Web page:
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U.S. Department of Health and Human Services

Inspections, Compliance, Enforcement, and Criminal Investigations

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Vaqueria Gustavo Toledo 28-Feb-05

Department of Health and Human Services' logoDepartment of Health and Human Services

Public Health Service
Food and Drug Administration

 

466 Femandez Juncos Avenue
San Juan, Puerto Rico 00901
Telephone. 787-474-9510
FAX: 787-729-6868


 


February 28, 2005

WARNING LETTER
SJN-05-04

CERTIFIED MAIL,
RETURN RECEIPT REOUESTED

Mr. Gustavo Toledo Toledo
Owner
Vaqueria Gustavo Toledo
P.O. Box 1138, Sector Naranjito
Hatillo, Puerto Rico 00659

Dear Mr. Toledo:

On September 28, 2004 to October 05, 2004, an investigator from the Food and Drug Administration conducted an investigation at your dairy facility located at road number 491, km. 1 sector Naranjito, Hatillo, Puerto Rico 00659. This investigation confirmed that you offered five (5) animals for sale for slaughter as food in violation of sections 402(a)(2)(C)(ii) and 402(a)(4) of the Federal Food, Drug, and Cosmetic Act (the Act) . The investigation also revealed that you caused an animal drug to be unsafe under Section 512(a) of the Act and adulterated within the meaning of Section 501(a)(5) of the Act, because the drug was used in a manner that does not conform with its approved use or the regulations for Extralabel Drug Use in Animals at Title 21, Code of Federal Regulations, Part 530 (21 CFR 530).

These animals were sold by an intermediary for slaughter as human food at [redacted] a slaughterhouse located at [redacted] United States Department of Agriculture (USDA) analysis of tissue samples revealed the presence of neomycin residues in kidney in each of the five animals as follows:

Retain Tag #Date SlaughteredResidueAmount in ppmTissue
[redacted]6/22/04[redacted][redacted]Kidney
[redacted]6/22/04[redacted][redacted]Kidney
[redacted]6/22/04[redacted][redacted]Kidney
[redacted]5/26/04[redacted][redacted]Kidney
[redacted]5/26/04[redacted][redacted]Kidney

The tolerance for [redacted] in the [redacted] of the cattle kidney (21 CFR 556.430). The presence of this drug in edible tissues at the reported levels causes the food to be adulterated within the meaning of 402(a)(2)(C)(ii) of the Act.

Our investigation also found that you hold animals under conditions which are so inadequate that medicated animals bearing potentially harmful drug residues are likely to enter the food supply. For example, you lack an adequate system to assure that animals medicated by you have been withheld from slaughter for appropriate periods of time to permit depletion of potentially harmful residues of drugs from edible tissues. In addition, the treatment records do not identify the drug used, date the drug was administered, the route of administration, dosage administered, duration of treatment, and the withdrawal time required prior to slaughter. Foods from animals held under such conditions are considered adulterated within the meaning of Section 402(a) (4) of the Act.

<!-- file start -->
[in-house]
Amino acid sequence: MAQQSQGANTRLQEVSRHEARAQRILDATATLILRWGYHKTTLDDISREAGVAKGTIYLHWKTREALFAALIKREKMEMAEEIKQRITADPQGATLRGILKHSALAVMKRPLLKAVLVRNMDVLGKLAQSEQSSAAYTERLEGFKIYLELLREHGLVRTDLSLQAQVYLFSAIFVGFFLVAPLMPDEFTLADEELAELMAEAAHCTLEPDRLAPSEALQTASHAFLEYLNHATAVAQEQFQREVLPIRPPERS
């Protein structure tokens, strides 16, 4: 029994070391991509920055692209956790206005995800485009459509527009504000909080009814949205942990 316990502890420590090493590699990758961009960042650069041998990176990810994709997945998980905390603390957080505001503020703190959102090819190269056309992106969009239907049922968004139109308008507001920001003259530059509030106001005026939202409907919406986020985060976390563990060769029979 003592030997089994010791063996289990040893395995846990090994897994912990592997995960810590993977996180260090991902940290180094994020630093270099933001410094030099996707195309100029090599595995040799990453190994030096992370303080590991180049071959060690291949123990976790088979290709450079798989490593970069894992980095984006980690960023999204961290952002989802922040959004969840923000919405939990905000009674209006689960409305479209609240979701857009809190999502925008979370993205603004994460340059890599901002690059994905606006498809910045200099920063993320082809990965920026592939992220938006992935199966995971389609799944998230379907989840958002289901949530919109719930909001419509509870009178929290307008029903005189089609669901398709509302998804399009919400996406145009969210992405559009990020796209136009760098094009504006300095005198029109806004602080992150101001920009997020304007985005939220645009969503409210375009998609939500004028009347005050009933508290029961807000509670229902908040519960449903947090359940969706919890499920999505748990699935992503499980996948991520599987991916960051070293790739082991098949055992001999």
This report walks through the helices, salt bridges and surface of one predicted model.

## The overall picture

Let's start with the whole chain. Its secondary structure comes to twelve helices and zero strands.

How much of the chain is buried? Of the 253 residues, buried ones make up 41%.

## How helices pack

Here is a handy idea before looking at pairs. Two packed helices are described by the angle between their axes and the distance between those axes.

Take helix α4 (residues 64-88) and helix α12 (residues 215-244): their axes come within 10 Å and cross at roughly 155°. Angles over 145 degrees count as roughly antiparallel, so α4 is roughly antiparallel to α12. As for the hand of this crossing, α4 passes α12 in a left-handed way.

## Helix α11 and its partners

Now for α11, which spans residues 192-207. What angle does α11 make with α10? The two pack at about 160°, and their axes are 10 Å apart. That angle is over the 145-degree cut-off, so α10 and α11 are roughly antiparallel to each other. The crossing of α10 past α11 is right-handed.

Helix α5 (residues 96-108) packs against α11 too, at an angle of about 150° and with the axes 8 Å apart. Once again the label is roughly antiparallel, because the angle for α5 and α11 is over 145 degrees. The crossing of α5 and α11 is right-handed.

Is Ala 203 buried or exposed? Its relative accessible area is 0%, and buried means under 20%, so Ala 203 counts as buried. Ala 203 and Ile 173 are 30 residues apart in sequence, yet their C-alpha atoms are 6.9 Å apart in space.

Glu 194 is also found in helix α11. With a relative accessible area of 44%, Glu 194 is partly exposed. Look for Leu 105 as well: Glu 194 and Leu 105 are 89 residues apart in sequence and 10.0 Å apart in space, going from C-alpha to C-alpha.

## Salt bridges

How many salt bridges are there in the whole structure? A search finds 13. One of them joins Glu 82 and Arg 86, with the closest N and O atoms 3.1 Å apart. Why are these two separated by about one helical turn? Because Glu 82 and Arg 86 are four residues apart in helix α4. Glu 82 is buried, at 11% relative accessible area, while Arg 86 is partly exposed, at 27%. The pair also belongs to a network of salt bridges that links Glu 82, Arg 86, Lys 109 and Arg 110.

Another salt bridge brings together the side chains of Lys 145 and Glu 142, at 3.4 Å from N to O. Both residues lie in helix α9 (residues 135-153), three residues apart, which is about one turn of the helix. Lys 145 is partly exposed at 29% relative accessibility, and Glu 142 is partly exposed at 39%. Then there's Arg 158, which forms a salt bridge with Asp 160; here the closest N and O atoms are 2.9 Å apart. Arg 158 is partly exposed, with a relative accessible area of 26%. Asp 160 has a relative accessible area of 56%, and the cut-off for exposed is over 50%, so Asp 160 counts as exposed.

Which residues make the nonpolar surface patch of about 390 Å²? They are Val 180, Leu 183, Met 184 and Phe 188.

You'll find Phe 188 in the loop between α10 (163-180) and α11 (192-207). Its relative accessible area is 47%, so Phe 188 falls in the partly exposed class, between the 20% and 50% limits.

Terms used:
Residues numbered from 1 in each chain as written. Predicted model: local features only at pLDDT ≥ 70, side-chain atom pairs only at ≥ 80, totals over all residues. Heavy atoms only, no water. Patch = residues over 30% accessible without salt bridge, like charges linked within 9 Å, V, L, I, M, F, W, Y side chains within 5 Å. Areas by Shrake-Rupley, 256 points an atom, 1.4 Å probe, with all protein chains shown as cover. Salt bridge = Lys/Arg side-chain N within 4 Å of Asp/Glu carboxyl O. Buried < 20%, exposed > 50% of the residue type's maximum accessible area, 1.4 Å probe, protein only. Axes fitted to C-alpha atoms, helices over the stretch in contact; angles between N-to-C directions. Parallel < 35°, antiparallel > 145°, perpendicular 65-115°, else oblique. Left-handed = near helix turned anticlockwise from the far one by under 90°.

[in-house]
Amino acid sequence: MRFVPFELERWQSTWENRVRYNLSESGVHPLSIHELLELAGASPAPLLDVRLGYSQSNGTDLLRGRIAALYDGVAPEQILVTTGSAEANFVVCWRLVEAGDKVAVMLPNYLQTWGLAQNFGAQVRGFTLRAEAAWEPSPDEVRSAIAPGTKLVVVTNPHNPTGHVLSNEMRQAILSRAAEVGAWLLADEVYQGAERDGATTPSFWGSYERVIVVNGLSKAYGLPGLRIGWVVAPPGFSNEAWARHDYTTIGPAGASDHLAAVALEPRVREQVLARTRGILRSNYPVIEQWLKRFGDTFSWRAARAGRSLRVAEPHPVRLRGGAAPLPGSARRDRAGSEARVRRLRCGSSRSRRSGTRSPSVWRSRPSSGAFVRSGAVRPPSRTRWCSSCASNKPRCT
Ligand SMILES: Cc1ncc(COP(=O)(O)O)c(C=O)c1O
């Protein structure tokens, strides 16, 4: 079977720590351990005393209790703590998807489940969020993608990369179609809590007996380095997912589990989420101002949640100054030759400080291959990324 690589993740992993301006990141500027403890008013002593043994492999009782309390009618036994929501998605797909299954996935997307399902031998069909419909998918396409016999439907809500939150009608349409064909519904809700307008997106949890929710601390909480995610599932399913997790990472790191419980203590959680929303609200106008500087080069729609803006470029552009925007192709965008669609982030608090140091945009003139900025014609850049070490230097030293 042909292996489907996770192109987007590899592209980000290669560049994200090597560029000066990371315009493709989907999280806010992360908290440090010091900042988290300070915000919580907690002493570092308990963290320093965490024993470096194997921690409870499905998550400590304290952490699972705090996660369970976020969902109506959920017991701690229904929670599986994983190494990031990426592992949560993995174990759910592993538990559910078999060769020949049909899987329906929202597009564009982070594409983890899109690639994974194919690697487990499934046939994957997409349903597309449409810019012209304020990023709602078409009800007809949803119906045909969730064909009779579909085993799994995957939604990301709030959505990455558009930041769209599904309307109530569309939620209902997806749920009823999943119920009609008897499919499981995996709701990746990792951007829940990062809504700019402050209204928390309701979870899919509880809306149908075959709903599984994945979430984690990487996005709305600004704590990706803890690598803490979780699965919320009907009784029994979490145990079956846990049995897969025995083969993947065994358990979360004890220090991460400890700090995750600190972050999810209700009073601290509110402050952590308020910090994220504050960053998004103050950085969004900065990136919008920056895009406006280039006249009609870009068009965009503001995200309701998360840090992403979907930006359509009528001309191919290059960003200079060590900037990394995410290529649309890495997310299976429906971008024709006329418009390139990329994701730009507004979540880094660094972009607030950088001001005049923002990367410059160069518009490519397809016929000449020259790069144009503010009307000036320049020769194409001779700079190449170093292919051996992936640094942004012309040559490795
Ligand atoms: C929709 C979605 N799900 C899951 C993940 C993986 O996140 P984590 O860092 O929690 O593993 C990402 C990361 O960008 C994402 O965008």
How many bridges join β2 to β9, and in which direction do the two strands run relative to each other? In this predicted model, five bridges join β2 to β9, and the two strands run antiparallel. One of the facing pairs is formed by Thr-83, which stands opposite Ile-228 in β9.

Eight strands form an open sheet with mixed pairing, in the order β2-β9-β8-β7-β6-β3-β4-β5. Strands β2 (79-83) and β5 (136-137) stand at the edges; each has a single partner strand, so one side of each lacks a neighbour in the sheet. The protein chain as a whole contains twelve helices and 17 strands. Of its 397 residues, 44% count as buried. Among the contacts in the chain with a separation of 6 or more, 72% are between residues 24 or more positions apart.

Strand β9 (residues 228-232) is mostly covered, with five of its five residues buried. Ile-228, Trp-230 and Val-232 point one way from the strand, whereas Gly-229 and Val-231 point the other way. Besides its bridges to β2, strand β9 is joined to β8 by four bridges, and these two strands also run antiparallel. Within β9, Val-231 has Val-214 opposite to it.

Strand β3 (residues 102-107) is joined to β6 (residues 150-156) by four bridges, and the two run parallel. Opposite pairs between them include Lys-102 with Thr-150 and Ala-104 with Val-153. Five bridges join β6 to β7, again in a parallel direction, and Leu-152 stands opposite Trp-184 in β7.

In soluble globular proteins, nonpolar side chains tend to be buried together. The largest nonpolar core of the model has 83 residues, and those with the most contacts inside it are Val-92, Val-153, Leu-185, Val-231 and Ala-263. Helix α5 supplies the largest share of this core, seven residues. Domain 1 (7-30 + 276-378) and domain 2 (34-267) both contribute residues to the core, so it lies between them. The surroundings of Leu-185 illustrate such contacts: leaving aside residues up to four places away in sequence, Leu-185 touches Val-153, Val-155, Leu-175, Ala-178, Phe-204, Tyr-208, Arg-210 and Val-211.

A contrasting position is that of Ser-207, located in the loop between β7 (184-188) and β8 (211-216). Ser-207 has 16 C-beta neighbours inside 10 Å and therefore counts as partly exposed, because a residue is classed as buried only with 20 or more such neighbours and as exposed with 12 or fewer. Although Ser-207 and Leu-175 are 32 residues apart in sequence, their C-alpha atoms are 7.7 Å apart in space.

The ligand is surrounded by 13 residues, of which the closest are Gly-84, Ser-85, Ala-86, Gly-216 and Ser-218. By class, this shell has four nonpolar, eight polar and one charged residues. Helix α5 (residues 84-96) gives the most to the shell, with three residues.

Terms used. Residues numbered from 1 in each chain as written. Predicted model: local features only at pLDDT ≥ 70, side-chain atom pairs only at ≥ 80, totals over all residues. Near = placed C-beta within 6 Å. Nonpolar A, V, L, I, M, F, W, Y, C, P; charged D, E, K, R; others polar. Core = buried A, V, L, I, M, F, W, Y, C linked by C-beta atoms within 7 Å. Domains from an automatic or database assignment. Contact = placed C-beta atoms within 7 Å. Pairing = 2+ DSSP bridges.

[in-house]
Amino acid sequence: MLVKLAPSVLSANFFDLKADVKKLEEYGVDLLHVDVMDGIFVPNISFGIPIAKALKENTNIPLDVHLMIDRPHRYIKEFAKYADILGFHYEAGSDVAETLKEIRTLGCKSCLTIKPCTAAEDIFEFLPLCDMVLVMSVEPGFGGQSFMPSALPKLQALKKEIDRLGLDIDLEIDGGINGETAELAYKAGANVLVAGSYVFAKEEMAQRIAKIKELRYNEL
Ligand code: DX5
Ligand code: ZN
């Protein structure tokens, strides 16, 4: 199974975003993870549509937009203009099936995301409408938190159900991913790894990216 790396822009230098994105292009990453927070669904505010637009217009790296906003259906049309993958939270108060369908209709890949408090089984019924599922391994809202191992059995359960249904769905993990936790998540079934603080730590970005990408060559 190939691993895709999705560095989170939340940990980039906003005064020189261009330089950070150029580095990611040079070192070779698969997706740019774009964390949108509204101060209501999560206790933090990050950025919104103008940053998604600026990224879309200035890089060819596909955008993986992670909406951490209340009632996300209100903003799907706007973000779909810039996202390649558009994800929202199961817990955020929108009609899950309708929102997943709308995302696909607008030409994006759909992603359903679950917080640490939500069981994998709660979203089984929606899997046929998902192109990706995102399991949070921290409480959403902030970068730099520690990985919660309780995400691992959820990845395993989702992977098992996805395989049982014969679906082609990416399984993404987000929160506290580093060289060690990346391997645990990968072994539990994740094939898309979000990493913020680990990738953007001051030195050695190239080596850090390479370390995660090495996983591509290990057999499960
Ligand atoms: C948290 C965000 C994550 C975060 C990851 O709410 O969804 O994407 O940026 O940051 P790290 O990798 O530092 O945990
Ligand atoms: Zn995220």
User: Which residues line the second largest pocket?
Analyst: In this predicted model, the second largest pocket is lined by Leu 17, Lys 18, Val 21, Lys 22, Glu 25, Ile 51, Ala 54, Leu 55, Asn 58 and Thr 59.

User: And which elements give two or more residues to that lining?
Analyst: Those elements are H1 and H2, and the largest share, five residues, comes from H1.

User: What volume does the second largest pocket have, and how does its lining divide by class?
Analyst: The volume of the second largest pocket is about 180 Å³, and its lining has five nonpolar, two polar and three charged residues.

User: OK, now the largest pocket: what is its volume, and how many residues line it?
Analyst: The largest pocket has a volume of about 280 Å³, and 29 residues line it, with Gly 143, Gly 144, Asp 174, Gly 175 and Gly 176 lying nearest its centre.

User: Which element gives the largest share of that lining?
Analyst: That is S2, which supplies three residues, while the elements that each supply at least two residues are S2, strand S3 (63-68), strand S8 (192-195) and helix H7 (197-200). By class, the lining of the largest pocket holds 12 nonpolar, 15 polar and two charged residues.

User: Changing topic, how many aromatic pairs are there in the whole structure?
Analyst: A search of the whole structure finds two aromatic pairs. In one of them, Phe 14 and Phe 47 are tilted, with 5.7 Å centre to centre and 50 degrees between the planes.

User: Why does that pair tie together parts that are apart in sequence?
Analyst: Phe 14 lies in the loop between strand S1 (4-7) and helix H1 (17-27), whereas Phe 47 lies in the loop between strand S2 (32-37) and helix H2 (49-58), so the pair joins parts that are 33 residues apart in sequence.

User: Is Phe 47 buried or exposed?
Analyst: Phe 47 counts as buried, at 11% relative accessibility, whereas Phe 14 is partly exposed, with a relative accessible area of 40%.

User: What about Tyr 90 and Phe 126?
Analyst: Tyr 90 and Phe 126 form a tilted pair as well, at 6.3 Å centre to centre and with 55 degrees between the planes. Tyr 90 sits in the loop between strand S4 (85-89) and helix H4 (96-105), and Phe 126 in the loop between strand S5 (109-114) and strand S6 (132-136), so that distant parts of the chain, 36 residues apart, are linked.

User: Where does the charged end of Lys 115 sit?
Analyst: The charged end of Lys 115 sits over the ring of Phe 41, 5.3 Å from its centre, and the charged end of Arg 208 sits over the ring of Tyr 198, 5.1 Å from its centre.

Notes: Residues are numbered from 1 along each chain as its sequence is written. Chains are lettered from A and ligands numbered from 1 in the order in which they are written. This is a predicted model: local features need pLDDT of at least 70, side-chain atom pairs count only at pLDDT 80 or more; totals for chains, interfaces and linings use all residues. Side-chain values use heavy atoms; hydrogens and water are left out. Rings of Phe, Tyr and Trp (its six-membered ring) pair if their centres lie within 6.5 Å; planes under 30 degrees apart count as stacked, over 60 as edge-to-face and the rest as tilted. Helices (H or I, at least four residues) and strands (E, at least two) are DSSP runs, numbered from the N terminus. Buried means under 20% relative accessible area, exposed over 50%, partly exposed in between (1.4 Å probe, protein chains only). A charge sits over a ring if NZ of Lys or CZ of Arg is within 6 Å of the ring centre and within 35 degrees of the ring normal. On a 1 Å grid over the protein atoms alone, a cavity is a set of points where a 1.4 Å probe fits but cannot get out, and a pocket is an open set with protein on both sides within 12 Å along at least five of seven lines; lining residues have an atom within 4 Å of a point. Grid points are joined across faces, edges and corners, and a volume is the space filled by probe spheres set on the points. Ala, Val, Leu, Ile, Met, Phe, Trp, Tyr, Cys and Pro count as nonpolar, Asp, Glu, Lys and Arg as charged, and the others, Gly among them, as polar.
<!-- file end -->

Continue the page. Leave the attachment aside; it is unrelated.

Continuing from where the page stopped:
In addition, you adulterated the drug neomycin within the meaning of Section 501(a)(5) of the Act when you used it at a dosage level that is contrary to the product's approval . The extralabel use of approved animal drugs is allowed if the use complies with Sections 512(a)(4) of the Act and 21 CFR Part 530. You administered neomycin without the supervision of a licensed veterinarian, 21 CFR 530.11(a), and your use of neomycin resulted in the presence of drug residue in edible tissue that might present a risk to public health, 21 CFR 530.11(c).

We note that since the inspection, additional illegal residues have been found in cows you own. On August 16, 2004, USDA collected a sample from a dairy cow that tested positive for the presence of [redacted]. The tolerance for penicillin is 0.05 ppm in the uncooked edible tissues of cattle. On November 5, 2004, USDA collected a sample from a bob veal calf that tested positive for the presence of [redacted]. No tolerance has been established for use of this drug in calves.

This letter is not intended to be an all-inclusive list of violations. As a producer of animals offered for use as food, you are responsible for assuring that your overall operation and the foods you distribute comply with the law. You should take prompt action to correct the above violations and to establish procedures whereby such violations do not recur. Failure to do so may result in regulatory action without further notice, such as seizure and/or injunction.

Please notify this office in writing within 15 working days of the steps you have taken to bring your firm into compliance with the law. Your response should include each step being taken, or that will be taken, to correct the violations and prevent their recurrence. If corrective action cannot be completed within 15 working days, state the reason for the delay and the time frame within which the corrections will be completed. Please include copies of any available documentation demonstrating that corrections have been made.

Your written reply to these concerns should be directed to` the Food and Drug Administration, attention: Carlos A. Medina, Compliance Officer, at 466 Fernandez Juncos Avenue, San Juan, Puerto Rico 00901-3223. If you have any concerns about this letter, please contact Mr. Medina at (787) 474-9538.

Sincerely,

/S/

Donald Voeller
District Director